If you are like many drivers, you may not think getting a traffic ticket is something serious. While it is an inconvenience, you may not be afraid of the consequences. However, some traffic offenses have severe penalties, including:

  • Temporary license suspension
  • Permanent license revocation
  • Costly fines
  • Increased insurance rates
  • Jail time

To avoid these repercussions, it is important to understand what constitutes a serious traffic violation in North Carolina. Here are offenses you should be aware of and avoid committing. 

Cellphone use

According to the North Carolina Department of Transportation, texting while operating a vehicle is illegal, as is any cellphone use by motorists under the age of 18. Unlawfully using a mobile phone while driving comes with a fine of $100 and additional court costs. 

Speeding

It is illegal to drive even just one mile over any posted speed limit in North Carolina. Speeding violations come with fines of up to $1,000, license suspension up to one year and jail time for up to two months. A speeding ticket may also add points to your driving record.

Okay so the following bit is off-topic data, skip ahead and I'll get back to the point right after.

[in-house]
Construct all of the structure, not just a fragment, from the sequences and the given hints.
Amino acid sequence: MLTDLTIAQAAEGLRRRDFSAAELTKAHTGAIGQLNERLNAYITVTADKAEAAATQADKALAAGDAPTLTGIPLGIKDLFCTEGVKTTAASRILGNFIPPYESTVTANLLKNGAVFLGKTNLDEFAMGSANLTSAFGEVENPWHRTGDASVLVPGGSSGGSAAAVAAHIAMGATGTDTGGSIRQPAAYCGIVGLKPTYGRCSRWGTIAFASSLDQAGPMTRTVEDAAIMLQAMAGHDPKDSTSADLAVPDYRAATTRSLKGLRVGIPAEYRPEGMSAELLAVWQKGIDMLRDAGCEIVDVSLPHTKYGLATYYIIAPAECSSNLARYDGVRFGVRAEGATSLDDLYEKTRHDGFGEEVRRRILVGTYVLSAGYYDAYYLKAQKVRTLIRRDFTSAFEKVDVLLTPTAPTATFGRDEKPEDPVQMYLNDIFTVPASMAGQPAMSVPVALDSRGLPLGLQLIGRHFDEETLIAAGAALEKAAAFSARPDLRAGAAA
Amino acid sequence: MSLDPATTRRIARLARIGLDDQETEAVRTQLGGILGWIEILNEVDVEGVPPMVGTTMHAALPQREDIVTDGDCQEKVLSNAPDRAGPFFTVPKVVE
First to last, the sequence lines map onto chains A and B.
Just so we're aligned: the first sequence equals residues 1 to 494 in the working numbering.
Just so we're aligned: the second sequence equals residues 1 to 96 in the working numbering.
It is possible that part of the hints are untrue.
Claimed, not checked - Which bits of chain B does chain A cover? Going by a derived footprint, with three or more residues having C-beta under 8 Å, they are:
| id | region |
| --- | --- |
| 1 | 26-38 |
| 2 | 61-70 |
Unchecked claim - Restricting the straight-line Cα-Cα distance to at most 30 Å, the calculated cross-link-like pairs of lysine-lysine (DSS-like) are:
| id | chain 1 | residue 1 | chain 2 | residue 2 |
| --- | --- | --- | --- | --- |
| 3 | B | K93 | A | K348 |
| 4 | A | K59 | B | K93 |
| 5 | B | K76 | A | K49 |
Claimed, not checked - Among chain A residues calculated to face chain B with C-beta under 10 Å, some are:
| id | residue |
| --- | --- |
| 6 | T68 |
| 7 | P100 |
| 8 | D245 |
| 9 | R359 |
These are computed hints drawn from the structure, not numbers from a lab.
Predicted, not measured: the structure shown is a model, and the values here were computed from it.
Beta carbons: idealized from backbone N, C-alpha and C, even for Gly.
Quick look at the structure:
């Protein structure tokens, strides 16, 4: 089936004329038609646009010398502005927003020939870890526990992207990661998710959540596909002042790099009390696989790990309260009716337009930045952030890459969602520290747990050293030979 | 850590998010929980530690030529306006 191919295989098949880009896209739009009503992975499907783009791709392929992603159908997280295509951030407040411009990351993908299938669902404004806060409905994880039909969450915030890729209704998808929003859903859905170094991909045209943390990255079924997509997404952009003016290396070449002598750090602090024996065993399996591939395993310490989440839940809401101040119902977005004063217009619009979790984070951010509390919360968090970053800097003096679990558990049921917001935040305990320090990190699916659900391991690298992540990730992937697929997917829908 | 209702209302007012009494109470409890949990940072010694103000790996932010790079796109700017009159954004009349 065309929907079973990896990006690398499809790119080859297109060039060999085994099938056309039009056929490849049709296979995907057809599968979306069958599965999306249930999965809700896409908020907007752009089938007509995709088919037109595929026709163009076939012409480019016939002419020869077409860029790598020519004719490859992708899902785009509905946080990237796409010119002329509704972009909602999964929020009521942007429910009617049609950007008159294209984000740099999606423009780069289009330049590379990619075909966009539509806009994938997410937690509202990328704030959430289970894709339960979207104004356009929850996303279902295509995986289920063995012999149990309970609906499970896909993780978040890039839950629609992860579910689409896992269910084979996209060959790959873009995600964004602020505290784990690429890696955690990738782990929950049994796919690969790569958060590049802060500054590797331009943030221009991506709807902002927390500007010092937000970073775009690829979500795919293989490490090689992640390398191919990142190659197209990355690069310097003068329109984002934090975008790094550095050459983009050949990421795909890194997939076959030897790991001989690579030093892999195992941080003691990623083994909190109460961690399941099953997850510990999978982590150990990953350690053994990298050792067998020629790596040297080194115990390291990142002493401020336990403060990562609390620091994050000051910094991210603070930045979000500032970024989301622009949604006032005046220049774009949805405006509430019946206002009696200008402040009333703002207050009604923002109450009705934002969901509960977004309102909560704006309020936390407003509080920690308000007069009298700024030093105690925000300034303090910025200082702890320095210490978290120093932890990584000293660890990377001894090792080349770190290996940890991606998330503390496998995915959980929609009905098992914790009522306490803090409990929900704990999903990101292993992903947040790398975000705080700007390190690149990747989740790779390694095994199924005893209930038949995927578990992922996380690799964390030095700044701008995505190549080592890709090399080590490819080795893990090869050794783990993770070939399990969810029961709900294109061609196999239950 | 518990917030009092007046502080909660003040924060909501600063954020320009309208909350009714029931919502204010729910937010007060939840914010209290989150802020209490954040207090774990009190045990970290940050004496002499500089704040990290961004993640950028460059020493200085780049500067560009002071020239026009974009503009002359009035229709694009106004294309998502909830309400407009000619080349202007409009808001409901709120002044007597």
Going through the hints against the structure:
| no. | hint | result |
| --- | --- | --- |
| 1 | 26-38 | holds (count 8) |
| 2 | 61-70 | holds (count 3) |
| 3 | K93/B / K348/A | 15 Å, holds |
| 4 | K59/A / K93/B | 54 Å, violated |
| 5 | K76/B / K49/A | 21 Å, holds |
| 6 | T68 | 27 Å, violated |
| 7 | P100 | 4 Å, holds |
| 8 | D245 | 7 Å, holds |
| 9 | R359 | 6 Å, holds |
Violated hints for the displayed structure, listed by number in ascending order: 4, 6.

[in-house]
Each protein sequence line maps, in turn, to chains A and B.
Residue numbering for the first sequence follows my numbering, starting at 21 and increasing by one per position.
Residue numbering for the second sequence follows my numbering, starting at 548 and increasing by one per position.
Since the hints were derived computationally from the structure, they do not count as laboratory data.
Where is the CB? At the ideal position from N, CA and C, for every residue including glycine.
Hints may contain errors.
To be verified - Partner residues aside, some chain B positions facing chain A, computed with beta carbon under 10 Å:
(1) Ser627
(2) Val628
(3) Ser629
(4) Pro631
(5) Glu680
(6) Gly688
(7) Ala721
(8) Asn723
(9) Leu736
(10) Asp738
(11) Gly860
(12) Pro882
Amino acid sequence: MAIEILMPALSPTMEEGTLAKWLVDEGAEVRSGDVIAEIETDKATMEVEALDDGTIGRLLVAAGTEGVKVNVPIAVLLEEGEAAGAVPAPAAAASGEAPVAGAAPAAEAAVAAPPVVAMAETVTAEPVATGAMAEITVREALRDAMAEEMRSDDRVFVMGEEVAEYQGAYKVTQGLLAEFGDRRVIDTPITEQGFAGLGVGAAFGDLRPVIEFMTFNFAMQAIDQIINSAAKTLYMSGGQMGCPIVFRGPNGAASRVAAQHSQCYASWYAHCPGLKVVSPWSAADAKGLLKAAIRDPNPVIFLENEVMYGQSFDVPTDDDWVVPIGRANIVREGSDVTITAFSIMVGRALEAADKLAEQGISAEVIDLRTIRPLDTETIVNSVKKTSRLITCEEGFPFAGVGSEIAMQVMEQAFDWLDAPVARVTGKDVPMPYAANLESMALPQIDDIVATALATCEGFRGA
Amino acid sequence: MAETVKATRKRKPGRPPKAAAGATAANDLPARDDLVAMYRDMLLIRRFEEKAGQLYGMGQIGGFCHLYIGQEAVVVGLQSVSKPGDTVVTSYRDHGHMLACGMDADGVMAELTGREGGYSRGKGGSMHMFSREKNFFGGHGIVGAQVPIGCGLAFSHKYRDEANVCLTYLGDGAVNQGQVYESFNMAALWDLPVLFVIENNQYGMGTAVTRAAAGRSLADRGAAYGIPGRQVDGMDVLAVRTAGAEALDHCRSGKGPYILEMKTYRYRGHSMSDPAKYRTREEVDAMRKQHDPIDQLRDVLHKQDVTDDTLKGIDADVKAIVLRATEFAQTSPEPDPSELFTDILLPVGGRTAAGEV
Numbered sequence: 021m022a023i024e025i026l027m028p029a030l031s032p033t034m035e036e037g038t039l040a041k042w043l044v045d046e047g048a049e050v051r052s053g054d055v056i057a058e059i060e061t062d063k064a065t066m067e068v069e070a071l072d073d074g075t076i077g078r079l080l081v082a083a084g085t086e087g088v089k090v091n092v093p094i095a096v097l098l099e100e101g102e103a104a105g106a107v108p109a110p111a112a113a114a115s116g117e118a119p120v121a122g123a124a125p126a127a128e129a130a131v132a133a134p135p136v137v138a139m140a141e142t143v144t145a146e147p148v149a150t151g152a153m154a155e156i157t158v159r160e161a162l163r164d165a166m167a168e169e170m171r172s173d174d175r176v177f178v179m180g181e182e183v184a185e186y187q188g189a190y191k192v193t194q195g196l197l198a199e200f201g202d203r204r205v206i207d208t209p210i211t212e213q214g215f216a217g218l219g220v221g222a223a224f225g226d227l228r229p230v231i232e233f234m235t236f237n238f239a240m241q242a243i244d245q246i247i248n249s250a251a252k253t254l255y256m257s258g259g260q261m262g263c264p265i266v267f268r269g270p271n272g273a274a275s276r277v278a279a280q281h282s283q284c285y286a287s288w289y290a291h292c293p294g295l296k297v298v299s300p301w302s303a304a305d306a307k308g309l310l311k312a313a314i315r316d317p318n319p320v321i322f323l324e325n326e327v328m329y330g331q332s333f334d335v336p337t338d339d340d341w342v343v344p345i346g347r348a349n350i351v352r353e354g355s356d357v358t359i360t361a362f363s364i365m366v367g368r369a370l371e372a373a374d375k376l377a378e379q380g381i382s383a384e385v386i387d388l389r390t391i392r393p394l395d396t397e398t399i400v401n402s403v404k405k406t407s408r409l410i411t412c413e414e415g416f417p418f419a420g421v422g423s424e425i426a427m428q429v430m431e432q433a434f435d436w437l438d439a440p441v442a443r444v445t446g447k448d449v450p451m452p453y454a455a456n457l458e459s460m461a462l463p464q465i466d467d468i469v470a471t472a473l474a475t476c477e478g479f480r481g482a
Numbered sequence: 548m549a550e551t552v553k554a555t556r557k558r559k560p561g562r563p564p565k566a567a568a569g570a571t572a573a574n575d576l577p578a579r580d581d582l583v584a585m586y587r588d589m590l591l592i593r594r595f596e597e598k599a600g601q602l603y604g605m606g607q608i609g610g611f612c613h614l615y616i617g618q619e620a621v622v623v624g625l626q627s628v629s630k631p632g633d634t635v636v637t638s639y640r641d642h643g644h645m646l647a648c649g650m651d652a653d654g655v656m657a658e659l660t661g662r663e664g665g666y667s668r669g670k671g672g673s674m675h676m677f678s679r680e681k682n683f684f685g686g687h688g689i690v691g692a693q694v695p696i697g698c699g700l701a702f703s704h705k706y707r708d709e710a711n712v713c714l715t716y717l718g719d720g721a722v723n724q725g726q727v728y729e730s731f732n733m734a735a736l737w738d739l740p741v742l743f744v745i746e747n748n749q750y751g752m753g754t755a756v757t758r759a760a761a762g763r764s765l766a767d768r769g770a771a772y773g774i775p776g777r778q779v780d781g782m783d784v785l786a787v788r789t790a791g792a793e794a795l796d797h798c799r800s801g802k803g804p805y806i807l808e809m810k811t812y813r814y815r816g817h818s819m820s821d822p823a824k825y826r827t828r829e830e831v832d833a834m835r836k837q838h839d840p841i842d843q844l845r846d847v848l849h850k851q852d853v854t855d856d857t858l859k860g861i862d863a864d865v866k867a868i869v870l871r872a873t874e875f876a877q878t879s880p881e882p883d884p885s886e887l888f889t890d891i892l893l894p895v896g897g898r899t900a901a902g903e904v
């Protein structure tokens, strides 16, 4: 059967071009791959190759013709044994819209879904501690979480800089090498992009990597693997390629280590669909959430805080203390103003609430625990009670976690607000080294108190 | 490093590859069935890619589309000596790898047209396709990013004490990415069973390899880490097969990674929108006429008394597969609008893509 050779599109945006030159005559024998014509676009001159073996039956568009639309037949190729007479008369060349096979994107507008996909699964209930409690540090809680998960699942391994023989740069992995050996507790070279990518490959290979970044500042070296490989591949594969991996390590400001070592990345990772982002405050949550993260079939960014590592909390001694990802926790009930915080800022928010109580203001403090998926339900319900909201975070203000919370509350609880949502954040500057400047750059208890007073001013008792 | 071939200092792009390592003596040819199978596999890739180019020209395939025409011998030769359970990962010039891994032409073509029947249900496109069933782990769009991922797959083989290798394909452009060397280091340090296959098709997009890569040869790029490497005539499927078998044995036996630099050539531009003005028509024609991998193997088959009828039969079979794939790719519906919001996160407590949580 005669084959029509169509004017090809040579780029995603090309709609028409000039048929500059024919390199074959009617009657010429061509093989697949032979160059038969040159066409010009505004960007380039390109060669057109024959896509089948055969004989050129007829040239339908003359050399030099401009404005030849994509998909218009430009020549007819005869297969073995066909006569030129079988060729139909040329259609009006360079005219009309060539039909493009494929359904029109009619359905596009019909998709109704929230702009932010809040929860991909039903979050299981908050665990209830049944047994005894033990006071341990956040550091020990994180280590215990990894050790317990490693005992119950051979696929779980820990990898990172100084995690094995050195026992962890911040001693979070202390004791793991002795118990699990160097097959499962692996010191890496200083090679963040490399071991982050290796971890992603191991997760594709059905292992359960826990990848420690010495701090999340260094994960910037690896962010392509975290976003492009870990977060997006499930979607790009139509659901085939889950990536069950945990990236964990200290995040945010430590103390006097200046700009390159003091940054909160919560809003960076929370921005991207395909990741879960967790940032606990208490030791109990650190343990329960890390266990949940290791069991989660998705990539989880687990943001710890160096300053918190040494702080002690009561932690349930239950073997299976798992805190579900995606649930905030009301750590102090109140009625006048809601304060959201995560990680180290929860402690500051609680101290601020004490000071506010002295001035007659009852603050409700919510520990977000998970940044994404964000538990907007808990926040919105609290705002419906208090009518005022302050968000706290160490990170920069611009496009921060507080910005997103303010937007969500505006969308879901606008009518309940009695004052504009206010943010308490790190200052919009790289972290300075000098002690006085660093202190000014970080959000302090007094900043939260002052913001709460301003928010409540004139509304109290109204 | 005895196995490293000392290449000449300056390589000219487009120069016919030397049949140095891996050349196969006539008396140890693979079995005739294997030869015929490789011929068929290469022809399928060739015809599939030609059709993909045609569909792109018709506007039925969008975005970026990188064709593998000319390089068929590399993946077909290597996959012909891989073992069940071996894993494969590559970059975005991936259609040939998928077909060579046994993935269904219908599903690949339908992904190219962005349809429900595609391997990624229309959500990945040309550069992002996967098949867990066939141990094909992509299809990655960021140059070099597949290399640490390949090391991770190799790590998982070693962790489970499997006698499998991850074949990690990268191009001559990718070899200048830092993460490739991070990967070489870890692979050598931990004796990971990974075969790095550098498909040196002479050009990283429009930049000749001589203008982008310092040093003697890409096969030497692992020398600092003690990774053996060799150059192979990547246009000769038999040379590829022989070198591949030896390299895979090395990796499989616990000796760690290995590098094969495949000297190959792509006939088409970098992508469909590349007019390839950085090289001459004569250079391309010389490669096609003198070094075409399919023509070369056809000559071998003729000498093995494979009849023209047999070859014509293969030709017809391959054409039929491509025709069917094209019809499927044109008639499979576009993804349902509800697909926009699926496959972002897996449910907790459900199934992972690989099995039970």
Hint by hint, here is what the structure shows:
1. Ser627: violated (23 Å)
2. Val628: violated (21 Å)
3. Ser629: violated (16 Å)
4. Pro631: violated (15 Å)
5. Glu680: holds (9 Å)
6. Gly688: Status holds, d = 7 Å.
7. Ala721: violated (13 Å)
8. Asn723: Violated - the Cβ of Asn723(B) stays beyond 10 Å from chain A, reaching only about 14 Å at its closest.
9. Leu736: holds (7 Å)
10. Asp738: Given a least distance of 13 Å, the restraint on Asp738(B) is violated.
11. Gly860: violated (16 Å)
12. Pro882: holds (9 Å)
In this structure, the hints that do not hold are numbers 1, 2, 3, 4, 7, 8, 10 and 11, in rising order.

Reckless driving

You may be guilty of reckless driving if you exhibit a disregard for the safety or rights of other motorists, pedestrians or cyclists. Excessively speeding may also constitute reckless driving. A reckless driving conviction is a Class 2 misdemeanor. Not only does this create a criminal record, but the maximum criminal penalties also include a $1,000 fine and 60 days of jail time.

Failure to move over for emergency vehicles

Drivers must shift over one lane to allow emergency vehicles and law enforcement with flashing lights to pass. If moving over a lane is not possible, motorists must at least slow down. Failing to do this may result in a fine of $250. 

Driving while impaired

If you have a blood alcohol concentration of at least 0.08 percent, you may face DWI charges. Minimum consequences include a $200 fine and imprisonment between one to 30 days. Maximum consequences for drunk driving are a $4,000 fine and imprisonment between 30 days and two years.